Werbőczi immediately rushed to meet them, but the Turks anticipated his arrival. The Hungarian cavalrymen were equipped with long lances and their charge brought great success right in the first part of the battle. Many Turks fell, while others fled, leaving their prisoners behind. Werbőczy had already broken his lance and was wounded in the face by a Turk. They started their duel with sharp sabers: but according to Tinódi, “his opponent cut the throat of Werbőczy’s beautiful horse, almost severing its head”.

“The Duel” (painting by Zichy Mihály) – though it was another duel
The animal fell on Imre while the Turk tried to cut it into pieces. Fortunately, Imre’s trusted men rushed in and saved their lord, wounded the Turkish warrior, and took his head as well. During the battle, they killed 90 Turks and captured another 16 of them. Agha Murad, Voivodes Mustafa, and Ibrahim were among the prisoners who were taken to Döbrököz Castle. As for the 220 Hungarian prisoners, they were all released.
the COA of the Werbőczy family
Then, in the fall of 1542, Werbőczi took part in the campaign to retake Buda Castle. After this unsuccessful battle, we find him in December in Tolna County, where he attacked the Ottomans. In the spring of the following year, he fought a duel with Agha Ejmekán, who lost his life in the battle. Imre led his 600 cavalrymen to Fehérvár in 1543 and took part in the defense of the castle. He managed to escape just before the fall of Fehérvár. He went to the castle of Győr, where he joined forces with Zrínyi Miklós, Bakics Péter, and others to scatter the Turkish-Crimean Tatar army that was plundering the Trans-Danubian region at Somlóvásárhely.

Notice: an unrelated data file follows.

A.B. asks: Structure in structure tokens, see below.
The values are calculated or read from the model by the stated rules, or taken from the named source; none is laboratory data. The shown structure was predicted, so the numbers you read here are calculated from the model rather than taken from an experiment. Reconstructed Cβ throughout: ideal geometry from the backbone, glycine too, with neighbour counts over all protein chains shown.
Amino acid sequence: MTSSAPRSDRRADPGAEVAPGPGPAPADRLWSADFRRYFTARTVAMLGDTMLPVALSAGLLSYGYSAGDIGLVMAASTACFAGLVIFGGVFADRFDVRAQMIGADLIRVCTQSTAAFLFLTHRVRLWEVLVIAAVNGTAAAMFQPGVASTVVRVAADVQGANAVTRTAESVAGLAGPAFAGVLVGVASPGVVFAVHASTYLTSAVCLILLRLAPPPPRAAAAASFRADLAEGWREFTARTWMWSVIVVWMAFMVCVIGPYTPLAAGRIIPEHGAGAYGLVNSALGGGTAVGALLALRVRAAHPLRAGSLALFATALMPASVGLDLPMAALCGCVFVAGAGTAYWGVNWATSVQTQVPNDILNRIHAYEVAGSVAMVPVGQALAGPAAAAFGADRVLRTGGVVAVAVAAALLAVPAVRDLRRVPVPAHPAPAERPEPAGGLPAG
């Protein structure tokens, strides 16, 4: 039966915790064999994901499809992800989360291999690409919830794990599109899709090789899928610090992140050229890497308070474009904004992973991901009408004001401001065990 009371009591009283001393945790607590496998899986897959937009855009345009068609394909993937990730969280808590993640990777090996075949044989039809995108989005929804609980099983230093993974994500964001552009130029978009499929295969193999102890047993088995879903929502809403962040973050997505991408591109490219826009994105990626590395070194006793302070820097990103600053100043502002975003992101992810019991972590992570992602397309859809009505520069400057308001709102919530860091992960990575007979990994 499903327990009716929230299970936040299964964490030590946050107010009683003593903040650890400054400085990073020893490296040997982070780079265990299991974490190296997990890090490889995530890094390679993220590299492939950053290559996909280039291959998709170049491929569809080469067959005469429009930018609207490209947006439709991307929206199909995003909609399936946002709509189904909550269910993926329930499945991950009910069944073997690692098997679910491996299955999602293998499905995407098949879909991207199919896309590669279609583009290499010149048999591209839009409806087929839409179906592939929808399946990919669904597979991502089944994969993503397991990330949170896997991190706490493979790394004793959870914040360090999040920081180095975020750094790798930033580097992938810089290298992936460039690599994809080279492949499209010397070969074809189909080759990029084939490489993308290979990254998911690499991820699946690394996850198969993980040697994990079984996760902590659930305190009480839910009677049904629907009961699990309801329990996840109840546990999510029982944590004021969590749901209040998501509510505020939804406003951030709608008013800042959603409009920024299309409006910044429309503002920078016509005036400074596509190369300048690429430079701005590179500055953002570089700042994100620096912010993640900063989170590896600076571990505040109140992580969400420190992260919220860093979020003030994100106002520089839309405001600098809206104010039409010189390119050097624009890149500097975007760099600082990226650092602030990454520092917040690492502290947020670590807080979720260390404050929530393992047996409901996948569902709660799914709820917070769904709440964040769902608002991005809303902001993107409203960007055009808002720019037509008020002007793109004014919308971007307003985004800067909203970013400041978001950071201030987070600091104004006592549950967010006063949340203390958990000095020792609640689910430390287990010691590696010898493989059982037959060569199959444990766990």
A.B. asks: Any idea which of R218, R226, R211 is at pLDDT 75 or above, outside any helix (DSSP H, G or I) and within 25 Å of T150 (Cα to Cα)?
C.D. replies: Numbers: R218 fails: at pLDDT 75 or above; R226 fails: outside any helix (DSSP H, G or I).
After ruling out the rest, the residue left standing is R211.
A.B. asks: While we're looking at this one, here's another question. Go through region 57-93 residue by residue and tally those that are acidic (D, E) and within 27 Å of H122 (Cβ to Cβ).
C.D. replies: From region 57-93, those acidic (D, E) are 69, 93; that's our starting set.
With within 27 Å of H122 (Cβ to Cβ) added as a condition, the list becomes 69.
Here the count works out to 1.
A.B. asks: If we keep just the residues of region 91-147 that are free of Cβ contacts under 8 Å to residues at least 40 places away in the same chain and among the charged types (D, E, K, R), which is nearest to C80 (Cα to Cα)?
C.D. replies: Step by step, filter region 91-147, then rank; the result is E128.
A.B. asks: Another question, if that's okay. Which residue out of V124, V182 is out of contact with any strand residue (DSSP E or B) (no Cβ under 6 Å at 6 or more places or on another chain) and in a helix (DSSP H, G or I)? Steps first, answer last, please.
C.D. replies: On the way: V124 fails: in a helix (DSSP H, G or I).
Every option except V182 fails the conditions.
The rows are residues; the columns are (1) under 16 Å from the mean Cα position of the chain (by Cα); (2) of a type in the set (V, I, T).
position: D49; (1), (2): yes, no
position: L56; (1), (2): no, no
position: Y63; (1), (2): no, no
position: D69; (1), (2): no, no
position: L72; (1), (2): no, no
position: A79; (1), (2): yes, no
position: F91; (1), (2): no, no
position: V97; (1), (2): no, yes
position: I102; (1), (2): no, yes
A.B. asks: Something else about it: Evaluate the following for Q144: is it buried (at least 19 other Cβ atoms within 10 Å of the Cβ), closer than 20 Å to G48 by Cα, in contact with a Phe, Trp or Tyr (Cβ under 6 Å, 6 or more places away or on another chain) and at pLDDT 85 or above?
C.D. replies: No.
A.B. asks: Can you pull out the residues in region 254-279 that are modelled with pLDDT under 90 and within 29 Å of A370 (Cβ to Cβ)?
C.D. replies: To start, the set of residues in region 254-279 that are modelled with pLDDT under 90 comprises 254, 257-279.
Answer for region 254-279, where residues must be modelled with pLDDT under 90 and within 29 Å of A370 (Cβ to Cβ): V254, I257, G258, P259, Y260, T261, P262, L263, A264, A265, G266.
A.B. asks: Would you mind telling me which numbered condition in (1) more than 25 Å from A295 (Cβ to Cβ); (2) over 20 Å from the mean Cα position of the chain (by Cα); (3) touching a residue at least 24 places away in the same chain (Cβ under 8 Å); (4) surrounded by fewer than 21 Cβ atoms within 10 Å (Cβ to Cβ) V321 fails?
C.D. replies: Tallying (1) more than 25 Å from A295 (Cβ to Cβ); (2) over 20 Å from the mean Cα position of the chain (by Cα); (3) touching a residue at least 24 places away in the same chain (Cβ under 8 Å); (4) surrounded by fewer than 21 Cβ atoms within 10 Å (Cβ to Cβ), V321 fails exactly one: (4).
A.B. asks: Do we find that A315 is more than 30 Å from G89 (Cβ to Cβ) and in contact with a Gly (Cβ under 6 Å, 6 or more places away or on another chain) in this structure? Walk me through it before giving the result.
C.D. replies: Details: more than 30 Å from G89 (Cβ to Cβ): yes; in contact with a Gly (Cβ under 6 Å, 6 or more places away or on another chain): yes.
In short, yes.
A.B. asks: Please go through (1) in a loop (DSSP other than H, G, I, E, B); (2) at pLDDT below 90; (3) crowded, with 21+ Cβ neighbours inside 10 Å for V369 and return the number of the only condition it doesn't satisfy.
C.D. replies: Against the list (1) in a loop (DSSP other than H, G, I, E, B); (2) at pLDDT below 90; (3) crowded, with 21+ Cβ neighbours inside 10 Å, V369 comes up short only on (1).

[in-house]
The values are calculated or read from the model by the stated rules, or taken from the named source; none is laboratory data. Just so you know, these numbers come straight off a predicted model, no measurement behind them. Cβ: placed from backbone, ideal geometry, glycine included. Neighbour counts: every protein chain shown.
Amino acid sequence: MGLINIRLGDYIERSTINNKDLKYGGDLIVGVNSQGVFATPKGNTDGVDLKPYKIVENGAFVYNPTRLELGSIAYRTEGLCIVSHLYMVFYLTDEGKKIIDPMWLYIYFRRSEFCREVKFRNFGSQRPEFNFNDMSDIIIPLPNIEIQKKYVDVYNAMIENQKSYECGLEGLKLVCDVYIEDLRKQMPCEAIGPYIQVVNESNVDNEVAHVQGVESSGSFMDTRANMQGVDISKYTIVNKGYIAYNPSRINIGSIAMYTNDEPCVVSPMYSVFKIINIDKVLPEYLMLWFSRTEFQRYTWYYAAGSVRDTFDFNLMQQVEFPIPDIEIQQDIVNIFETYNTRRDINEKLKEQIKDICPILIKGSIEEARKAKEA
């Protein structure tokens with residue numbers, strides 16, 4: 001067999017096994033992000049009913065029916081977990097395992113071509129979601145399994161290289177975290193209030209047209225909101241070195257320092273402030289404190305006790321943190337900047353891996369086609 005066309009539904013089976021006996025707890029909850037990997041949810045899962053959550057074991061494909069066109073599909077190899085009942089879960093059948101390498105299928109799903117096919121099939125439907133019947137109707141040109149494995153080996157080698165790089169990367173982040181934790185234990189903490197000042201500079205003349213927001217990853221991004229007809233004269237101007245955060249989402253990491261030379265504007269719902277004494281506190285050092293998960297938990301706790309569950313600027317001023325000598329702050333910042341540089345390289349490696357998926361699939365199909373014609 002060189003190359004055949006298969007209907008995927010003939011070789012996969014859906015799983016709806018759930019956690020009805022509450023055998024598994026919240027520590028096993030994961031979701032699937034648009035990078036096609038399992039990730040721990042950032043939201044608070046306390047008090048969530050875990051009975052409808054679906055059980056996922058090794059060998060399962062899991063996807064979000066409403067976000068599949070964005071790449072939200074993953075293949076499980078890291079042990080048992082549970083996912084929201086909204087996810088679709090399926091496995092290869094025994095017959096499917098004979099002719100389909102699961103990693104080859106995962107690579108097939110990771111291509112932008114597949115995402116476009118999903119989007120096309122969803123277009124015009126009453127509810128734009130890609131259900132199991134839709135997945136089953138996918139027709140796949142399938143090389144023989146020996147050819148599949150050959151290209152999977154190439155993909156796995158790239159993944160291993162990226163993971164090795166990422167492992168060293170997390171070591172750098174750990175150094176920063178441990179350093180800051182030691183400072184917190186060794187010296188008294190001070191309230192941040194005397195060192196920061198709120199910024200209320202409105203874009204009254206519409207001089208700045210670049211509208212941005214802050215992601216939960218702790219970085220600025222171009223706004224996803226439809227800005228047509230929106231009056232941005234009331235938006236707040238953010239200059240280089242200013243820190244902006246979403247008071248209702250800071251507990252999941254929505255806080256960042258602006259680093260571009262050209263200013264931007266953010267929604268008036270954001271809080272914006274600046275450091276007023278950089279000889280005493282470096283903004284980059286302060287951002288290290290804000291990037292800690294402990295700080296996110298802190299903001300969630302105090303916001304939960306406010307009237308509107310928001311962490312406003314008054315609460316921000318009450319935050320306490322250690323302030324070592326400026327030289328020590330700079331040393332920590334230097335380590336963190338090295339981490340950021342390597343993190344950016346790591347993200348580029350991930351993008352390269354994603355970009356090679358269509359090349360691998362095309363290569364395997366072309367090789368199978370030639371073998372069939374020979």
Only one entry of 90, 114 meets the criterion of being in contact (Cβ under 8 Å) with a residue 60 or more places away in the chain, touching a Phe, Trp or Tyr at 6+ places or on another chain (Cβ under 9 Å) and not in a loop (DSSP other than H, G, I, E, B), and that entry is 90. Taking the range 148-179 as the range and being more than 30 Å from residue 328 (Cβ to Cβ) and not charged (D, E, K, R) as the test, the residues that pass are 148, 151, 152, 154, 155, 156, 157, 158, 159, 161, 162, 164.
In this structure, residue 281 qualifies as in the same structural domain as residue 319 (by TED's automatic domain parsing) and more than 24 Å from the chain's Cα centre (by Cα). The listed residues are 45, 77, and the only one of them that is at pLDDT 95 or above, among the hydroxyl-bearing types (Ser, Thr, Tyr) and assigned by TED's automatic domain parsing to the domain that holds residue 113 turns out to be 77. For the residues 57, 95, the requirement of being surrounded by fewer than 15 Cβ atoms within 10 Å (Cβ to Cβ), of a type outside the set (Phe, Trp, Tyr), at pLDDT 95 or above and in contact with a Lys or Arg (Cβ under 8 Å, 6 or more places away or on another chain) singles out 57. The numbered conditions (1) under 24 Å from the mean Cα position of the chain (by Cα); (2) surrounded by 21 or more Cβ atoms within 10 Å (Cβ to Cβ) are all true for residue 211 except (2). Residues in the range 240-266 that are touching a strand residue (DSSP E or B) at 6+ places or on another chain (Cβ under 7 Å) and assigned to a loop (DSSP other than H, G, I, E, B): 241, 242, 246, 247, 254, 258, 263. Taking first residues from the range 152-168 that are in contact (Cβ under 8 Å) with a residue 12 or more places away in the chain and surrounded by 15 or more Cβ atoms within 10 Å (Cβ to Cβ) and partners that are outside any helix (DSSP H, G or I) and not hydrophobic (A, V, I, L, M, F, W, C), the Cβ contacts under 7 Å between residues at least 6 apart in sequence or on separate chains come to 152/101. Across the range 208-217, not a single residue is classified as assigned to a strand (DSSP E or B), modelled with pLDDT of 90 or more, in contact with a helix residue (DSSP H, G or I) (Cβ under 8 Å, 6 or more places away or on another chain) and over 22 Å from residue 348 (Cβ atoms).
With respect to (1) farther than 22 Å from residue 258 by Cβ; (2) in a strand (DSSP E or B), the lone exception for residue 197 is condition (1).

the ruins of Döbrököz castle (by Szöllősi Gábor)
Imre’s castle, Döbrököz, fell during the local campaign of the Ottomans in 1545, despite the efforts of Imre and his brave men. Even the Pasha of Buda recognized his deeds. The pasha wrote the following about him: “Werbőczy István had promised to give him his castle, Döbrököz. Then he died and his son immediately sided with the German king and took his castle with him. From there he did great harm to the servants of the Sultan, as everyone knows. He never gave the castle to the Sultan as his father had promised, but the Sultan had to send the Pasha of Buda there with a lot of cannons and men, losing many warriors in the process”. Imre was a member of the Valiant Order of the Hungarian Borderland and fought honestly against the enemy all his life. Read more about the Valiant Order here:


a duel in the 16th century between Turks and Hungarians
As we can see, the Ottomans suffered heavy losses during the siege. Although Bey Kászim wanted to get him hard, Imre somehow managed to escape from Döbrököz through the marshes. After that, Werbőczi left King Ferdinand and went to serve the son of King Szapolyai János in Transylvania. He must have been disappointed with the Habsburgs who did not help Hungary against the enemy. In Transylvania, Imre lived in the castle of Vingárt, then he moved to Mihálczfalva in the spring of 1548. He died young, not much later, and the Werbőczy family ceased to exist.
Döbrököz castle from the air

Source: Szibler Gábor

Dear Readers, I can only make this content available through small donations or by selling my books or T-shirts. 

If you like my writings, please  feel free to support me with a coffee here:

You can check out my books on Amazon or Draft2Digital, they are available in hardcover, paperback, or ebook:


or at https://books2read.com/b/boYd81

“33 Castles, Battles, Legends” (Paperback)
“The Ring of Kékkő Castle” (Paperback)

 My work can also be followed and supported on Patreon:

Become a Patron!

Available in my shop: https://hungarianottomanwars.myspreadshop.com/